### Abstract

Within the field of lidar measurement it is often debated why it is necessary to calibrate lidars given that they are ‘absolute’ instruments. By this is meant that, given two parameters; the laser wavelength and the frequency at which we sample the backscattered light, we are able to calculate the measured radial speed through the well-known equation 푉푉푟푟 = 1 2 휆휆 ⋅ ∆푓푓. Unlike for example, a cup anemometer or even an LDA, there are no empirical constants that have to be found through a calibration.

Why then do we claim that lidar calibration is necessary anyhow? Probably the most direct answer is that without a calibration (comparison to a reference with known uncertainty) we cannot know that the lidar is getting it right. There could be wrong constants or some (maybe subtle) errors in the algorithm (frequency analysis is not trivial). Only by comparing to a known ‘truth’ can we be completely sure that the lidar gives the correct speed. More formally, since the uncertainty of the reference is known and, by

implication, the reference is traceable to international measurement prototypes, we can assign an uncertainty to the lidar radial speed and claim traceability. In commercial measurements where the outcome can have financial consequences, it will usually be a requirement that the measurements are traceable.

Why then do we claim that lidar calibration is necessary anyhow? Probably the most direct answer is that without a calibration (comparison to a reference with known uncertainty) we cannot know that the lidar is getting it right. There could be wrong constants or some (maybe subtle) errors in the algorithm (frequency analysis is not trivial). Only by comparing to a known ‘truth’ can we be completely sure that the lidar gives the correct speed. More formally, since the uncertainty of the reference is known and, by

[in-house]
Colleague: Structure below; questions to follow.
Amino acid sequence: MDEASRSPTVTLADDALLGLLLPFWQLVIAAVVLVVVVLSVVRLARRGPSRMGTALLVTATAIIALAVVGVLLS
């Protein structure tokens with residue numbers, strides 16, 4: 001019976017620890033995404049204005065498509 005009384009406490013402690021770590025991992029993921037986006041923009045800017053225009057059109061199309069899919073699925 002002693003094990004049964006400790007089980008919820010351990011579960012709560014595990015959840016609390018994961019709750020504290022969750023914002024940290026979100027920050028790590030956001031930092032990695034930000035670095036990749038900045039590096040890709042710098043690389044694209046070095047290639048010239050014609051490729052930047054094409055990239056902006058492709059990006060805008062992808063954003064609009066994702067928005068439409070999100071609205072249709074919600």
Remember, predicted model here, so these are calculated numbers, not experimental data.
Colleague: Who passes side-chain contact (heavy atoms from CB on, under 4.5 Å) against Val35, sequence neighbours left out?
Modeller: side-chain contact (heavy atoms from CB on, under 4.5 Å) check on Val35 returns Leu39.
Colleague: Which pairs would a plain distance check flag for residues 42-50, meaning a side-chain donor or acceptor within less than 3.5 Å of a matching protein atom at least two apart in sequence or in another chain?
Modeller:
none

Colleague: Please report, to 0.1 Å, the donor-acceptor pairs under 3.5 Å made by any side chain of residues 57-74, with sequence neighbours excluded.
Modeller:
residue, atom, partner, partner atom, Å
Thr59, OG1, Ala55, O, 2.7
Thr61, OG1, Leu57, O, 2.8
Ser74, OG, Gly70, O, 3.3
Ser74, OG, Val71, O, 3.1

implication, the reference is traceable to international measurement prototypes, we can assign an uncertainty to the lidar radial speed and claim traceability. In commercial measurements where the outcome can have financial consequences, it will usually be a requirement that the measurements are traceable.

Original language | English |
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Publication date | 2018 |

Publication status | Published - 2018 |

Event | ELC 2018: European Lidar Conference 2018 - Thessaloniki, Greece Duration: 3 Jul 2018 → 5 Jul 2018 |

### Conference

Conference | ELC 2018: European Lidar Conference 2018 |
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Country | Greece |

City | Thessaloniki |

Period | 03/07/2018 → 05/07/2018 |

### Bibliographical note

Poster præsenteret ved 1st European Lidar Conference, juli 2018, Thessaloniki, Grækenland## Cite this

Pedersen, A. T., & Courtney, M. (2018).

*Flywheel Calibration of Coherent Doppler Wind Lidar*. Abstract from ELC 2018: European Lidar Conference 2018, Thessaloniki, Greece.